NEW YORK (Legal Newsline) - New York Attorney General Eric Schneiderman joined Governor Andrew Cuomo on Thursday to call on the U.S. Department of Commerce to reassess regulations related to legal quotas of summer flounder.
The DOC's Fisher Management Plan sets the number of fish that may be caught and hauled to shore in a particular year. Schneiderman and Cuomo allege the data used to determine New York's share of the fishery are out of date and incomplete, hampering Long Island's fisherman and diminishing the industry's competitiveness with neighboring states that have higher allocations.
"Long Island's fishing industry is one of our state's proudest traditions, and a major source of jobs, income, and opportunity for people throughout the state," Schneiderman said. "The federal quotas create an unfair, competitive disadvantage that jeopardizes a vital industry. When I became attorney general, I committed to New Yorkers that I would fight for them. There should be one set of rules for everyone, and I will use every tool at my disposal to ensure an even playing field for our workers."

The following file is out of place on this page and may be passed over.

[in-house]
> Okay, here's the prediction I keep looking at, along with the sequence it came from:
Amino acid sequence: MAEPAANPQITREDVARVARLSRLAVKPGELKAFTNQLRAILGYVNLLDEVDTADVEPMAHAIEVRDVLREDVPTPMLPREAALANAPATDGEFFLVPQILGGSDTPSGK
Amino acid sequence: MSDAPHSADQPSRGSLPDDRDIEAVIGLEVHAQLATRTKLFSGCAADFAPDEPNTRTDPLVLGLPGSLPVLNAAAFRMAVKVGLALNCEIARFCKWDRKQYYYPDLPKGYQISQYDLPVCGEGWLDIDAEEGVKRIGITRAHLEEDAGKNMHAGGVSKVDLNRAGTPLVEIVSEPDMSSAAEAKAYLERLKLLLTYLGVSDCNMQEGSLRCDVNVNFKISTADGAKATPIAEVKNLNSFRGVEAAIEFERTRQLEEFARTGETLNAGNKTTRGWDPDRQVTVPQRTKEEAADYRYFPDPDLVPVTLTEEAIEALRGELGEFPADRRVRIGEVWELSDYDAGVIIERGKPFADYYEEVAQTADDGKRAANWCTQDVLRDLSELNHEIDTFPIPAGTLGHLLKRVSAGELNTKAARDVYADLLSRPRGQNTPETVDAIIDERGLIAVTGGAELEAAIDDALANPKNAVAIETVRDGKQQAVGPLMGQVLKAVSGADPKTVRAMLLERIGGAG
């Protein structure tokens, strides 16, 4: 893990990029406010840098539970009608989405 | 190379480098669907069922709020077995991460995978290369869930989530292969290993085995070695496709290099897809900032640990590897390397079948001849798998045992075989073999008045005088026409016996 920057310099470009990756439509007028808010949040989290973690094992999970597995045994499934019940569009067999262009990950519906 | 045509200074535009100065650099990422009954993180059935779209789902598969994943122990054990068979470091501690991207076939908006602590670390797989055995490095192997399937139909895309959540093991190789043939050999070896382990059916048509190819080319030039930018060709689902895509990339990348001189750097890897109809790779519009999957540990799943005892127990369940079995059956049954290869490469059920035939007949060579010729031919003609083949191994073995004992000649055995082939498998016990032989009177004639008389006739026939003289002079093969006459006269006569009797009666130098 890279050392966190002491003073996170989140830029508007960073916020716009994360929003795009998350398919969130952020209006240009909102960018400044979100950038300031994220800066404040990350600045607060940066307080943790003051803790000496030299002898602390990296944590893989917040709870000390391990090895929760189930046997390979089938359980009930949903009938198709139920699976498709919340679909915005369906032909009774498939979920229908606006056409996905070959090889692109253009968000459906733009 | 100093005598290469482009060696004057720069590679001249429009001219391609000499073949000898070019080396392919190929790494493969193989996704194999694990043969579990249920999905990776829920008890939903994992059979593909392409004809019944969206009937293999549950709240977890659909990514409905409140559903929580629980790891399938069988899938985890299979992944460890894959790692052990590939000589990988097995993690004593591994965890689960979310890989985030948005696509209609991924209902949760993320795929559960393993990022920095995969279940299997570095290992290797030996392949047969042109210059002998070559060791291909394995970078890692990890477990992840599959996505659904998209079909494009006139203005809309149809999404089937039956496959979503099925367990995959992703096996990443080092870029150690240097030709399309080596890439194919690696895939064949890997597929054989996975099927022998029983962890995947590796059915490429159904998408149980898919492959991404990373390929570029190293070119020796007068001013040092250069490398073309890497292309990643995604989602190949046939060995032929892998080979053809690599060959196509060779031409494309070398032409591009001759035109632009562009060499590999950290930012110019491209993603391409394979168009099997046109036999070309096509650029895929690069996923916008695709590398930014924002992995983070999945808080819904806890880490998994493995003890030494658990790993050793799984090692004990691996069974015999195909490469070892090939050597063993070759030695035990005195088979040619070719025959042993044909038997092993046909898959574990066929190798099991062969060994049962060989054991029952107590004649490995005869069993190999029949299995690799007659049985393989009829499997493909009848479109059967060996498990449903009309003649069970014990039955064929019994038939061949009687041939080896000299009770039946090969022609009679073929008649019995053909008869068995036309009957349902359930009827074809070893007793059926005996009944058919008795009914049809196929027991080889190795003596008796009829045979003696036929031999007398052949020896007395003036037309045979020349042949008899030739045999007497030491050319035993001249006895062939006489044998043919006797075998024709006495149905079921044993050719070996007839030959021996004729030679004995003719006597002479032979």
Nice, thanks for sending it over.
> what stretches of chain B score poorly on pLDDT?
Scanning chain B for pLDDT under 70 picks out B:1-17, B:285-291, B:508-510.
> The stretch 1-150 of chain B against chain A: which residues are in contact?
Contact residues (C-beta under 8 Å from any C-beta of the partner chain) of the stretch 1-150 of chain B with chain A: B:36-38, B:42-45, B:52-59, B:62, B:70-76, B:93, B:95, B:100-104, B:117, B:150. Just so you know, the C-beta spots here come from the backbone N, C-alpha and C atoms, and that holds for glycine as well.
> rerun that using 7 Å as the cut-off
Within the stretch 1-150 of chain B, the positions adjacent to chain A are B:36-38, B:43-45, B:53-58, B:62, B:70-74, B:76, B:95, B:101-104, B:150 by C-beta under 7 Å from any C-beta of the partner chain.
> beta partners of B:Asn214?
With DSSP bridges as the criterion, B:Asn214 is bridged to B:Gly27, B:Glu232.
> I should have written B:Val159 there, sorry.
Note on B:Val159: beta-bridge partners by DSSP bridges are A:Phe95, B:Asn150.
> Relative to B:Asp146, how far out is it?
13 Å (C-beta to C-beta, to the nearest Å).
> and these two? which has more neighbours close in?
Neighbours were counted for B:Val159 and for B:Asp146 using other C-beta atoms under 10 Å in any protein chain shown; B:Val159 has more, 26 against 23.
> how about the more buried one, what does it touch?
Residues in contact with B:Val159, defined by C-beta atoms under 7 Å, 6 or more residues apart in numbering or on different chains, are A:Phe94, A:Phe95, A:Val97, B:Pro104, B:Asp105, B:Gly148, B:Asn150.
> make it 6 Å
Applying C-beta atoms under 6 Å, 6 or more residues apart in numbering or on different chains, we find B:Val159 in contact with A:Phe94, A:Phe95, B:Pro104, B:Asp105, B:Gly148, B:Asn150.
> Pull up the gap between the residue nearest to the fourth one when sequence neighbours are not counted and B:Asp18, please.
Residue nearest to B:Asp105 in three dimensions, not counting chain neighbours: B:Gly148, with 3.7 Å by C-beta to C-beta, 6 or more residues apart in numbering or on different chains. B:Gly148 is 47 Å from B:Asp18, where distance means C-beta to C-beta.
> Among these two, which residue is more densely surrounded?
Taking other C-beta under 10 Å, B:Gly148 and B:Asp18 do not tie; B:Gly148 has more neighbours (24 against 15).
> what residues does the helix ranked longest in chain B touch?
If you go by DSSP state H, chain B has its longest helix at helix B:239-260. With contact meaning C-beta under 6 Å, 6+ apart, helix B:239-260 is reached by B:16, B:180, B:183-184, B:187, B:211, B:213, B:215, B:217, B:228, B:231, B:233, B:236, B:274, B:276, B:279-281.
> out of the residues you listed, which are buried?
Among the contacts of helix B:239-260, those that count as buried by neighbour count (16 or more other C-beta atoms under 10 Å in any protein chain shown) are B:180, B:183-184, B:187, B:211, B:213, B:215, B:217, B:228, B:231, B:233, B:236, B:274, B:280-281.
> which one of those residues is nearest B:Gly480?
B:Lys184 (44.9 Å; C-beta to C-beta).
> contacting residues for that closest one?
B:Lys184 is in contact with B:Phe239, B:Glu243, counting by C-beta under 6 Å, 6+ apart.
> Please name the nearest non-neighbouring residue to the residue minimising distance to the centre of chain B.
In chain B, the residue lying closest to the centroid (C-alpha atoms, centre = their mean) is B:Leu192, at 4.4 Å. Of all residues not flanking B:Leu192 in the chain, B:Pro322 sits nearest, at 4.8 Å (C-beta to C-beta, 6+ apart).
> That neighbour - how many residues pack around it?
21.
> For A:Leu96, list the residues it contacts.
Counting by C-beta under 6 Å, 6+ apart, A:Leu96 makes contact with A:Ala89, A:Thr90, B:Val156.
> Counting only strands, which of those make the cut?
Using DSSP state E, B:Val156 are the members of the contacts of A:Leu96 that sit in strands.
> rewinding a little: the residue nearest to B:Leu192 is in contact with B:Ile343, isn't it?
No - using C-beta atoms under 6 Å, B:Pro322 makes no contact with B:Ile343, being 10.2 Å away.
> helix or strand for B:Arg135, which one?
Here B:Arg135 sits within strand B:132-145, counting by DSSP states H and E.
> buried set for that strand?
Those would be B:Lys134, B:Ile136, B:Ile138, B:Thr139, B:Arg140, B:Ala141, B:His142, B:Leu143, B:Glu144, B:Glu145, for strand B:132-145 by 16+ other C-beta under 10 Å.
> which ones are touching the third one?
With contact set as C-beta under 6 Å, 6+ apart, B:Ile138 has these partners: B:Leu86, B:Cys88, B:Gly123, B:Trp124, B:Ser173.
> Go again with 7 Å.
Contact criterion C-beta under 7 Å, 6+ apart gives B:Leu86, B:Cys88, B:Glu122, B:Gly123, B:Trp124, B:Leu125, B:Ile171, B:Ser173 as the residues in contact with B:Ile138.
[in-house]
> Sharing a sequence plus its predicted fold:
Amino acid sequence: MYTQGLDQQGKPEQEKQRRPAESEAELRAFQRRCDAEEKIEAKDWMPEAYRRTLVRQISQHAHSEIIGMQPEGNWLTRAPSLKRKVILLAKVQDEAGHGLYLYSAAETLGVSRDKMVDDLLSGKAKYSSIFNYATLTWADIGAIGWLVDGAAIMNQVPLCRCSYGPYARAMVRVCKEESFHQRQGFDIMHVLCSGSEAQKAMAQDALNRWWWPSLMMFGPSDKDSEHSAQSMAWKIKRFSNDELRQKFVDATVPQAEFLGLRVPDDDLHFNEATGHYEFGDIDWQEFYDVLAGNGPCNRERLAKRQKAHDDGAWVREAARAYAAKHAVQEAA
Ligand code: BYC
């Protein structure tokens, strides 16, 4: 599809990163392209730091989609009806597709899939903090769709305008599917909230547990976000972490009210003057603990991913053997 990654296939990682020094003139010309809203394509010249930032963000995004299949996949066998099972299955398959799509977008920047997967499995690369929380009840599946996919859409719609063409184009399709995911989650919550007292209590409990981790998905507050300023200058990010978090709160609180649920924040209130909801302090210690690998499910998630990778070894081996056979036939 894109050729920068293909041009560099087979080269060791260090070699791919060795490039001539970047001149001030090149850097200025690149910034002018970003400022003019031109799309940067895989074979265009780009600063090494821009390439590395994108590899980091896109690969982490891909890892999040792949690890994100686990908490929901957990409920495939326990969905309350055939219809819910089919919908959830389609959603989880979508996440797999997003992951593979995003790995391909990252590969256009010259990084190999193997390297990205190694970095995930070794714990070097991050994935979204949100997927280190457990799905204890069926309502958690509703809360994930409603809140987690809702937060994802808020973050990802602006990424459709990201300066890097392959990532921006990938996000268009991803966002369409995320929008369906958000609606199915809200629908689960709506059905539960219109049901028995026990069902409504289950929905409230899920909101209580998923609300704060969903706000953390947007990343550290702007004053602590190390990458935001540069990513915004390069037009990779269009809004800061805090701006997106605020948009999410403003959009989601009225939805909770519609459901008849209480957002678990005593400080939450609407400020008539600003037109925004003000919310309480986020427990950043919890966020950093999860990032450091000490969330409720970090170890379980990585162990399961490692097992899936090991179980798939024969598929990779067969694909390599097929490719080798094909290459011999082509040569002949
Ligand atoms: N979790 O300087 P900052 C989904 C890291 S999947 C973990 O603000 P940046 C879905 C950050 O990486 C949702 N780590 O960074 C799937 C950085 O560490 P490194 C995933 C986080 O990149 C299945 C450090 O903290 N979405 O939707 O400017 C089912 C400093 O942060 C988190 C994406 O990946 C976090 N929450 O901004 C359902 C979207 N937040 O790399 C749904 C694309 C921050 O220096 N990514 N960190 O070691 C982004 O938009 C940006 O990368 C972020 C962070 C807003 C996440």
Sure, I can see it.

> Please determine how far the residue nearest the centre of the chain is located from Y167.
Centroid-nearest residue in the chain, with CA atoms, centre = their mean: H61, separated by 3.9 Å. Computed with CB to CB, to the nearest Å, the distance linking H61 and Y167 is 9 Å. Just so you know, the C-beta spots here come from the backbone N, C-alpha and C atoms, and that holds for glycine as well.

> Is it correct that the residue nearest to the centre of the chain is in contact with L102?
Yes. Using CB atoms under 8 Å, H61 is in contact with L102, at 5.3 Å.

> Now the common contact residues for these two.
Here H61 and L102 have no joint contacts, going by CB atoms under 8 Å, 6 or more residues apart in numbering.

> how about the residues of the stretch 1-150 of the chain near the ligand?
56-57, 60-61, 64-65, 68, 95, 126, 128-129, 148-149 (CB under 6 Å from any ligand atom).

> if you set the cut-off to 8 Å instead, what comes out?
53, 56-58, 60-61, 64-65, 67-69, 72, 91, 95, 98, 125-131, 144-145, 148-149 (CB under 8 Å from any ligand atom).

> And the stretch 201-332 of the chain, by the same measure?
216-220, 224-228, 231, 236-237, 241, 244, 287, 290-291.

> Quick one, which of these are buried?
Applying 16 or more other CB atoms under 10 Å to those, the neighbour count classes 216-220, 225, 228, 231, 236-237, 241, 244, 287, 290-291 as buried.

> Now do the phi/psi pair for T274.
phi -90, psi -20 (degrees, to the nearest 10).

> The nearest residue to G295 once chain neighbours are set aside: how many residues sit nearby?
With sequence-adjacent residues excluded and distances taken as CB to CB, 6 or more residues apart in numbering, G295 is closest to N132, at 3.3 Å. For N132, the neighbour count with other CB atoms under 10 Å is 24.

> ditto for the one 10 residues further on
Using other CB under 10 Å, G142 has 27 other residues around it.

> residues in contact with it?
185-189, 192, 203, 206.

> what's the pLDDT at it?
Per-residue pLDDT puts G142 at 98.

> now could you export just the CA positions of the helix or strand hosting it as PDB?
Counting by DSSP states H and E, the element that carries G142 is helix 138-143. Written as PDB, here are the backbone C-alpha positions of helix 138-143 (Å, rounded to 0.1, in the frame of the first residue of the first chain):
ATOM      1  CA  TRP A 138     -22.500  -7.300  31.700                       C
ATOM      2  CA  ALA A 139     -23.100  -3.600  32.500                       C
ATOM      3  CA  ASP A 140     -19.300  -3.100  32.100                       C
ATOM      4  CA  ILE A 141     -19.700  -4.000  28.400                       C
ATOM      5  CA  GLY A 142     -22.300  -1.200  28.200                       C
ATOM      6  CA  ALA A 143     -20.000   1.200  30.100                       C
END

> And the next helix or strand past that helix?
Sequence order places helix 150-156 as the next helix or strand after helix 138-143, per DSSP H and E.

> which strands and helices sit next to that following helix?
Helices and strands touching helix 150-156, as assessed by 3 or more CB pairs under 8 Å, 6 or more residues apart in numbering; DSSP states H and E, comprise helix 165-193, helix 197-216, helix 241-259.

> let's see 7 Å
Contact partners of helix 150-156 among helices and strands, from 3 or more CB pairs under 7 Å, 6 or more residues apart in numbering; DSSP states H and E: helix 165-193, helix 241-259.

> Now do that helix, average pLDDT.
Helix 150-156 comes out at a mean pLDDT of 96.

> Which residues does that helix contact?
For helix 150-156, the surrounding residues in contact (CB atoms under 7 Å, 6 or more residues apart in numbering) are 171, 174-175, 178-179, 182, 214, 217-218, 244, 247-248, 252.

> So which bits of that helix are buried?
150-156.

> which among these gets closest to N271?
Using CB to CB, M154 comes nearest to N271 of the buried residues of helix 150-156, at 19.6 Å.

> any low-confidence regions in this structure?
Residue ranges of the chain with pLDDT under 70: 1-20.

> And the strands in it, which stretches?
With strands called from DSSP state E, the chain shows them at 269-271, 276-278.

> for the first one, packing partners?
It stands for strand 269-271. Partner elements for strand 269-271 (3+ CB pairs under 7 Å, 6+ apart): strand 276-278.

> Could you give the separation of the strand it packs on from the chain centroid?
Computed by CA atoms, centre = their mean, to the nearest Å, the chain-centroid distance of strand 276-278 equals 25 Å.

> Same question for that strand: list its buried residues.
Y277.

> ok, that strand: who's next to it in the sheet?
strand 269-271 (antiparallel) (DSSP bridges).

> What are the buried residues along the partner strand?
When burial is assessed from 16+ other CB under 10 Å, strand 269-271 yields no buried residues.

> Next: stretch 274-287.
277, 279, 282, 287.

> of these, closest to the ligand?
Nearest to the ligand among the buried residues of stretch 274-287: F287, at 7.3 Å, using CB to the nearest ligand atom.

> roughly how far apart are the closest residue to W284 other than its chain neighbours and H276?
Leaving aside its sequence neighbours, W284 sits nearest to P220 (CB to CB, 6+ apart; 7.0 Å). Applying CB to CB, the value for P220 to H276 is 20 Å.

Because of current allocations, New York state was forced to raise size limits of summer flounder as high as 21 inches to comply with requirements. Fishermen in neighboring states can catch 17- to 18-inch fluke.
In 2011, a total of 1.4 million pounds of summer flounder were landed in New York state at a value of $3.4 million. If New York state had the same allocation as neighboring states, fishermen could have landed close to four million pounds and earned $9.8 million in revenue.
New York state's fishing industry generates approximately $1.8 billion in economic activity annually and supports close to 17,000 jobs.
Governor Cuomo sent a letter to the DOC outlining the negative impact current regulations have on the New York fishing industry, calling on the agency to pursue new strategies for assigning state quotas. The letter said that if action is not taken by the DOC to change the quota for the 2014 flounder season, the state is prepared to file a lawsuit to ensure a new, fair assessment.